« AnteriorContinua »
KING Edward IV.
Edward, Prince of Wales, afterwards Edward V.
Sons to Edward IV.
Richard, Duke of York,
George, Duke of Clarence, Brother to Edward IV.
Richard, Duke of Gloucester, Brother to Edward IV.
afterwards King Richard III.
Cardinal, Archbishop of York.
Duke of Buckingham.
Duke of Norfolk. Earl of Surrey.
Marquis of Dorset, Son to Queen Elizabeth.
Earl Rivers, broker to the Queen.
Lord Gray, Son to Queen Elizabeth.
Earl of Richmond, afterwards King Henry VII.
Sir Richard Ratcliff.
Thomas Lord Stanley.
Earl of Oxford.
Sir Will. Brandon.
Brakenbury Lieutenant of the Tower.
Elizabeth, Queen of Edward IV.
and Richard III.
Sheriff, Purfuivant, Citizens, Ghofts of thofe murdered by Richard III. with Soldiers and other Attendants.
* LIFE and DEATH
King RICHARD III.
ACT I. SCENE I.
London. A Street.
Enter Richard Duke of Gloucefter folus.
OW is the winter of our difcontent,
In the deep bofom of the ocean buried.
Now are our brows bound with victorious wreaths; Our bruised arms hung up for monuments;
The Life and Death of King Richard III.] This tragedy, though it is called the Life and Death of this prince, comprizes, at moft, but the last eight years of his time; for it opens with George duke of Clarence being clapped up in the Tower, which happened in the beginning of the year 1477; and clofes with the death of Richard at Bofworth-field, which battle was fought on the 22d of August, in the year 1485. THEOBALD.
-this fun of York;] Alluding to the cognizance of Edward IV. which was a fun, in memory of the three funs, which are faid to have appeared at the battle which he gained over the Lancaftrians at Mortimer's Crofs. STEEVENS.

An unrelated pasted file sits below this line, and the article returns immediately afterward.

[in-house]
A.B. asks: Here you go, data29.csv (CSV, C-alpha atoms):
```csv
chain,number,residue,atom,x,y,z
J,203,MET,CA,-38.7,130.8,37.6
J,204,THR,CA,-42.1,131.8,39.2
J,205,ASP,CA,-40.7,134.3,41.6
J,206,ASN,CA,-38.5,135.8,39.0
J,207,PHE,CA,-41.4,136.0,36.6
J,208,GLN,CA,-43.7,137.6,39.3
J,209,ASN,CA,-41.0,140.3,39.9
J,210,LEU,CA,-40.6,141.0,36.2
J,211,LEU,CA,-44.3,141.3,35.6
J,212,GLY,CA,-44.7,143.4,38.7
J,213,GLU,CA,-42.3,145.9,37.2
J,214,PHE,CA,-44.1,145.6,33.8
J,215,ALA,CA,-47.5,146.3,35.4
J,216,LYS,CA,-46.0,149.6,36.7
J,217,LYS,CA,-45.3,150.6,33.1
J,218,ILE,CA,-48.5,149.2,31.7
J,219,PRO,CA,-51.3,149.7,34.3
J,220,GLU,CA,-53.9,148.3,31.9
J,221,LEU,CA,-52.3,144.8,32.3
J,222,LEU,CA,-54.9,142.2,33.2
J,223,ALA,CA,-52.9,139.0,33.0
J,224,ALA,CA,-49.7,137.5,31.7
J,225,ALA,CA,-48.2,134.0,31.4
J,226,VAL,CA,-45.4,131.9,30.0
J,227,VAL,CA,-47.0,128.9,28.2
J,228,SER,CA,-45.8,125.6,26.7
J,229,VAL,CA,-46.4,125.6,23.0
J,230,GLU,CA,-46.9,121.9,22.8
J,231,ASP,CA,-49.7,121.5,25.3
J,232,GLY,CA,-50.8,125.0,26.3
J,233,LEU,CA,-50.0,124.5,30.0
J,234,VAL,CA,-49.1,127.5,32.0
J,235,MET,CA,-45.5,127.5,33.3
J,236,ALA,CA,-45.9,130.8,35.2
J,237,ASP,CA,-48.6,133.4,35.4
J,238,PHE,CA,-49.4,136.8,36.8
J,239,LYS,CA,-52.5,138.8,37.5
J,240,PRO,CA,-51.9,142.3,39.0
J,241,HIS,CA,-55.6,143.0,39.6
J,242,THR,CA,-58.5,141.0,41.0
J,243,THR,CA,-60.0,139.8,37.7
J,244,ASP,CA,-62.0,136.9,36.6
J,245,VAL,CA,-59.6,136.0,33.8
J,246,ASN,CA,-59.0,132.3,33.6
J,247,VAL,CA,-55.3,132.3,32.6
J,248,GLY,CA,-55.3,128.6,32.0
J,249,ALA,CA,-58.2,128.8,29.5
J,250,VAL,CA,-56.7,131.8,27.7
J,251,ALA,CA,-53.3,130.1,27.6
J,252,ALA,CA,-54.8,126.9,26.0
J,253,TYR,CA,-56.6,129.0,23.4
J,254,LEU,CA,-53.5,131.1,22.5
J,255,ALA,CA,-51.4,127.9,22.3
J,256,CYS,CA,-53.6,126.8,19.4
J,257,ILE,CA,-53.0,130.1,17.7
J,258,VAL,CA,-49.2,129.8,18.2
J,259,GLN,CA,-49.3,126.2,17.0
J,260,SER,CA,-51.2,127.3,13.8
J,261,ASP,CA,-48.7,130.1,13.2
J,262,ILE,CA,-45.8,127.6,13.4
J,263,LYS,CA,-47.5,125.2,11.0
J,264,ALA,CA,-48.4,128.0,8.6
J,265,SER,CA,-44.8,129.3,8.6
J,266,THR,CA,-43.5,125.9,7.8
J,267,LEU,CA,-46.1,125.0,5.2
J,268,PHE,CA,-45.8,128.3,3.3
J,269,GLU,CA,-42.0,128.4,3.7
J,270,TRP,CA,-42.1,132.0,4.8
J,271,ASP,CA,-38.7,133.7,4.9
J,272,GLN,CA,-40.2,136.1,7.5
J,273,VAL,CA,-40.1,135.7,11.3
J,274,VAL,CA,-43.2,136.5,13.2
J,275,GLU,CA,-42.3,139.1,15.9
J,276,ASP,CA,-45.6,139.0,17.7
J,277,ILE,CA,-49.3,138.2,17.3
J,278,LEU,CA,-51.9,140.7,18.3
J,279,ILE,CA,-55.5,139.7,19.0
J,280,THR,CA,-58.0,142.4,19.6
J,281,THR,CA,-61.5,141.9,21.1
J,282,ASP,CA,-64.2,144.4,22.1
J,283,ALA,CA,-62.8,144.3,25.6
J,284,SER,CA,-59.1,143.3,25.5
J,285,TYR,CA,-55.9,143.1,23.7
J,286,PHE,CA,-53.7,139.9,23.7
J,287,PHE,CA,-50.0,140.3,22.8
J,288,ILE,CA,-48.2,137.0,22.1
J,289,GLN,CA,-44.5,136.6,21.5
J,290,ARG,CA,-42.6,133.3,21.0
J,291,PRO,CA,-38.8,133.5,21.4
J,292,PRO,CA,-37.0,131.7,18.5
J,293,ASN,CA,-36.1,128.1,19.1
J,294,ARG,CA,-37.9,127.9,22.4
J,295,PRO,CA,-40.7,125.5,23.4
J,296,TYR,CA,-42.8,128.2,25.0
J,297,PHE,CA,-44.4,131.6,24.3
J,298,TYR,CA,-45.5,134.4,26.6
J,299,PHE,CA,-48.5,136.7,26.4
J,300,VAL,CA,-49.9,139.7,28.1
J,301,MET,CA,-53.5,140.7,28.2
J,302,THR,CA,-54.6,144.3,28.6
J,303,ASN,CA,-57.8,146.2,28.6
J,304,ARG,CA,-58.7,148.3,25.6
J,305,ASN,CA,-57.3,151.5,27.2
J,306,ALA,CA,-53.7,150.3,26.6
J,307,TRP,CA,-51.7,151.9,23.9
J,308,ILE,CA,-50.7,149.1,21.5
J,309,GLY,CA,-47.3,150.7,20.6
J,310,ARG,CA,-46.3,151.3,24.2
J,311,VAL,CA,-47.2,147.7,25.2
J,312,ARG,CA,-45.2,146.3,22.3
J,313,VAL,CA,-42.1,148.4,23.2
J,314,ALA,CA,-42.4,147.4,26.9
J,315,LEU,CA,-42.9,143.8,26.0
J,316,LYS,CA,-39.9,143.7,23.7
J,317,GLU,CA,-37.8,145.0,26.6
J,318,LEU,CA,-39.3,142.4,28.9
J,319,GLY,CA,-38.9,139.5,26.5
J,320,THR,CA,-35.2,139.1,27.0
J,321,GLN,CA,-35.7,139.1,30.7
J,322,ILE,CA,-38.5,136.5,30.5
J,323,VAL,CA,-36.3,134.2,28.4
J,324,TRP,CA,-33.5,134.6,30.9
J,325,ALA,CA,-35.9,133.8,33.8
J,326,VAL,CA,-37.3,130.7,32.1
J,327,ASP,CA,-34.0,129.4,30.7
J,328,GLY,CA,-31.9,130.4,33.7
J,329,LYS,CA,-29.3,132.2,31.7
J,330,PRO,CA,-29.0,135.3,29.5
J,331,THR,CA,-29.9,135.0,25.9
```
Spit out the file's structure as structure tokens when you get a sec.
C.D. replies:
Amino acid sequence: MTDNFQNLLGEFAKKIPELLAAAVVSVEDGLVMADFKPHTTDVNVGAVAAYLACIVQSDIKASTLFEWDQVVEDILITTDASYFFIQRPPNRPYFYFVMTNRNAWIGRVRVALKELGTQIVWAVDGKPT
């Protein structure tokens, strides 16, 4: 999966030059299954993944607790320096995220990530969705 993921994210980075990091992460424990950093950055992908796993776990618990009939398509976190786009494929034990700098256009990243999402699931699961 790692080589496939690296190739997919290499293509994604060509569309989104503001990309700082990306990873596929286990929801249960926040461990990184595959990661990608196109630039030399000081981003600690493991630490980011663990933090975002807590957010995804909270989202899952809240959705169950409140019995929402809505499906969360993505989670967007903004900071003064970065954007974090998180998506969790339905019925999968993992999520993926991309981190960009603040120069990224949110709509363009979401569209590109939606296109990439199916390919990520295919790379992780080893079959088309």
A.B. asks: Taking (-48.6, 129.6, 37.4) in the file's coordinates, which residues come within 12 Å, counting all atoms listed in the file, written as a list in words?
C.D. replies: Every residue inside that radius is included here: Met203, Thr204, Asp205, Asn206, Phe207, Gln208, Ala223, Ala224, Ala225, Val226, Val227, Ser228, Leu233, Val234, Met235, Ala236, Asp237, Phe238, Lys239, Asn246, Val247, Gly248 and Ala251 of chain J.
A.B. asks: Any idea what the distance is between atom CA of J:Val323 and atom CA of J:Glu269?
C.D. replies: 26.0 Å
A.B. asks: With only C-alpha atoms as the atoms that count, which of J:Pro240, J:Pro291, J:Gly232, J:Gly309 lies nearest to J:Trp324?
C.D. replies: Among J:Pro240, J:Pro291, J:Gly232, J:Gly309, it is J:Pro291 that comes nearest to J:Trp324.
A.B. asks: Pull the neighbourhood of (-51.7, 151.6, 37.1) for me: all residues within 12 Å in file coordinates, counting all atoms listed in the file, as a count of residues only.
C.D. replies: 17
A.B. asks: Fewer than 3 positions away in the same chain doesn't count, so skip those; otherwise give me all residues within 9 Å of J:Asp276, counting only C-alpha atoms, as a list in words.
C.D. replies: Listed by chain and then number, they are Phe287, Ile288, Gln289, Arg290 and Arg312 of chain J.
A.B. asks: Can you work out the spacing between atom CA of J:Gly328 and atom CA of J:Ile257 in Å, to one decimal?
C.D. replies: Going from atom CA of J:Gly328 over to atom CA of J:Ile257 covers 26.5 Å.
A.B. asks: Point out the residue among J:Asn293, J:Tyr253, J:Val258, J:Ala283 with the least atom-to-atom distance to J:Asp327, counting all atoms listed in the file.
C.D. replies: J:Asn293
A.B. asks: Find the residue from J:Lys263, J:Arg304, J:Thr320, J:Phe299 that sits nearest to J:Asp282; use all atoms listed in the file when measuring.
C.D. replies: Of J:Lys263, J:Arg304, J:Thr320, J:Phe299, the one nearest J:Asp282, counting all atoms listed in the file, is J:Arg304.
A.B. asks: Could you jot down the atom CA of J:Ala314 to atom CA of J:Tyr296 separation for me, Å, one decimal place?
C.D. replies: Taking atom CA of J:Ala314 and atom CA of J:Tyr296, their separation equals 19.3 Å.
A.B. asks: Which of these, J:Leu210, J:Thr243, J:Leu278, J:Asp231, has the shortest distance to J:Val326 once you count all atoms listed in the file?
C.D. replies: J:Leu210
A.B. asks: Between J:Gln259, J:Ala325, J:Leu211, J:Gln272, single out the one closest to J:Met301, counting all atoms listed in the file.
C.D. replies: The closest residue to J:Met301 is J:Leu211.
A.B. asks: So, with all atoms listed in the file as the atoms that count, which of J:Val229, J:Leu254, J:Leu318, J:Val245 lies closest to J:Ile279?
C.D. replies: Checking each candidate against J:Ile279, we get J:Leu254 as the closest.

Our ftern alarums chang'd to merry meetings,'
merry meetings.] It is not improbable that Shakespeare was indebted on this occafion to the following lines in The tragical Life and Death of King Richard the Third, which is one of the metrical monologues in a collection entitled, The Mirror of Magiftrates, the preface to which is dated 1586.
-the battles fought in fields before
The war-god's thundring cannons dreadful rere,
God Mars laid by his launce, and tooke his late,
-barbed feeds] are steeds adorned with military trappings. I. Haywarde, in his Life and Raigne of Henry IV. 1599, fays, The duke of Hereford came to the barriers, mounted upon a white courfer, barbed with blew and green velvet, &c.
It is obferved in the Turkish Spy, that the German cairaffiers, though armed and barbed, man and horfe, were not able to stand against the French cavalry. Barbed feed, in Haywarde's hiftory, means only fteeds covered with trappings on thofe parts which were cafed with armour in more dangerous fervice. STEEVENS.
5 He capers] War capers. This is poetical, though a little harth; if it be York that capers, the antecedent is at fuch a di ftance, that it is almoft forgotten. JOHNSON.
Cheated of feature by diffembling nature,] By diffembling is not